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Finding an Avian Veterinarian for Your Pet Bird

The number of veterinarians experienced in avian medicine is growing by leaps and bounds, as are advances in the field itself.  Today, most folks keeping parrots, finches, budgies, canaries, cockatiels, quails and even such exotics as turacos and toucans are within reach of competent medical advice.

Dr. Kevin Wright (Arizona Exotic Animal Hospital)

Those living within driving distance of Mesa, Arizona, are in the enviable position of having access to the foremost exotic animal veterinarian of our time, Dr. Kevin Wright (phone consultations are also available).  Co-founder of the Arizona Exotic Animal Hospital, Dr. Wright’s work with birds spans several decades in both the zoo world and private practice.

Many informative care sheets, addressing medical concerns and general husbandry, are posted on the hospital’s website.  Those of you with wide interests will find information on animals ranging from tarantulas to sugar gliders.

Association of Avian Veterinarians

The AAV lists practitioners by country and, within the USA, by state.  The website is also a great source of information on the organization’s many worthwhile activities.

Bird Clubs, Societies and other Organizations

Bird interest groups are great resources for those seeking a veterinarian, as they usually maintain a list of reputable practitioners.  Local veterinarians may even be members, or speak at monthly meetings.

Pet Station posts lists of bird clubs and similar organizations in the USA, Puerto Rico, Canada and the UK.

Other Resources

You can also inquire about avian veterinarians at your local zoo or nature center – try calling the Department of Ornithology or the Volunteer/Docent Office if dealing with a zoo.

Veterinarians who limit their practice to dogs and cats can often direct you to avian-experienced colleagues.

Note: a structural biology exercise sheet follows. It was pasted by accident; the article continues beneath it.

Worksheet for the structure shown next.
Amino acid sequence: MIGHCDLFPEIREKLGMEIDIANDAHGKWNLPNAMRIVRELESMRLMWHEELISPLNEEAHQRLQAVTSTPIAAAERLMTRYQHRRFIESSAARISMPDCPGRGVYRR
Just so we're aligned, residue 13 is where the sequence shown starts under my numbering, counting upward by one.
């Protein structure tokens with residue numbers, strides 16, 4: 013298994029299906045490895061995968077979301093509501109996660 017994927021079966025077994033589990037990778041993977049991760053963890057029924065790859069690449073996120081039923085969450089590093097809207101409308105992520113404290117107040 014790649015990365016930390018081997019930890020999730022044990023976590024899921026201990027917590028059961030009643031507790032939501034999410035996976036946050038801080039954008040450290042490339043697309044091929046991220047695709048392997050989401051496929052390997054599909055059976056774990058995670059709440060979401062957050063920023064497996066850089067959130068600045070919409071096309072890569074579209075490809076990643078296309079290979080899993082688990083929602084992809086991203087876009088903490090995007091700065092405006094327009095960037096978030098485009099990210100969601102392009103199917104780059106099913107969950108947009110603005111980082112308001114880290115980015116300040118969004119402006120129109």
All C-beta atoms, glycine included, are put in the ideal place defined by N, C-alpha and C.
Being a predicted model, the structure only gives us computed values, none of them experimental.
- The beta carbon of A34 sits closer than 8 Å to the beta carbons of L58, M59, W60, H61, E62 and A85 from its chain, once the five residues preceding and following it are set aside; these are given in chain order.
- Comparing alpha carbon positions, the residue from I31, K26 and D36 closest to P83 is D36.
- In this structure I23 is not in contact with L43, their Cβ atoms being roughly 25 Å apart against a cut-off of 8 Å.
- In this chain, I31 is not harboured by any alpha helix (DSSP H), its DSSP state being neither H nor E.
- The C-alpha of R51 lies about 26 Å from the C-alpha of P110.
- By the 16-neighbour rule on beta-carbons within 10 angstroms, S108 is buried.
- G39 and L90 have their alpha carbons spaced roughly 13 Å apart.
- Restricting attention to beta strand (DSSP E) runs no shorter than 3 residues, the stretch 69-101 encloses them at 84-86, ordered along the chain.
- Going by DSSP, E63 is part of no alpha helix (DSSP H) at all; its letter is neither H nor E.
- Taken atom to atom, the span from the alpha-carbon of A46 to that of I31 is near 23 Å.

Further Reading

An informative article on choosing an avian veterinarian is posted here.



About Frank Indiviglio

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I believe that I was born with an intense interest in animals, as neither I nor any of my family can recall a time when I was not fascinated by creatures large and small. One might imagine this to be an unfortunate set of circumstances for a person born and raised in the Bronx, but, in actuality, quite the opposite was true. Most importantly, my family encouraged both my interest and the extensive menagerie that sprung from it. My mother and grandmother somehow found ways to cope with the skunks, flying squirrels, octopus, caimans and countless other odd creatures that routinely arrived un-announced at our front door. Assisting in hand-feeding hatchling praying mantises and in eradicating hoards of mosquitoes (I once thought I had discovered “fresh-water brine shrimp” and stocked my tanks with thousands of mosquito larvae!) became second nature to them. My mother went on to become a serious naturalist, and has helped thousands learn about wildlife in her 16 years as a volunteer at the Bronx Zoo. My grandfather actively conspired in my zoo-buildings efforts, regularly appearing with chipmunks, boa constrictors, turtles rescued from the Fulton Fish Market and, especially, unusual marine creatures. It was his passion for seahorses that led me to write a book about them years later. Thank you very much, for a complete biography of my experience click here.
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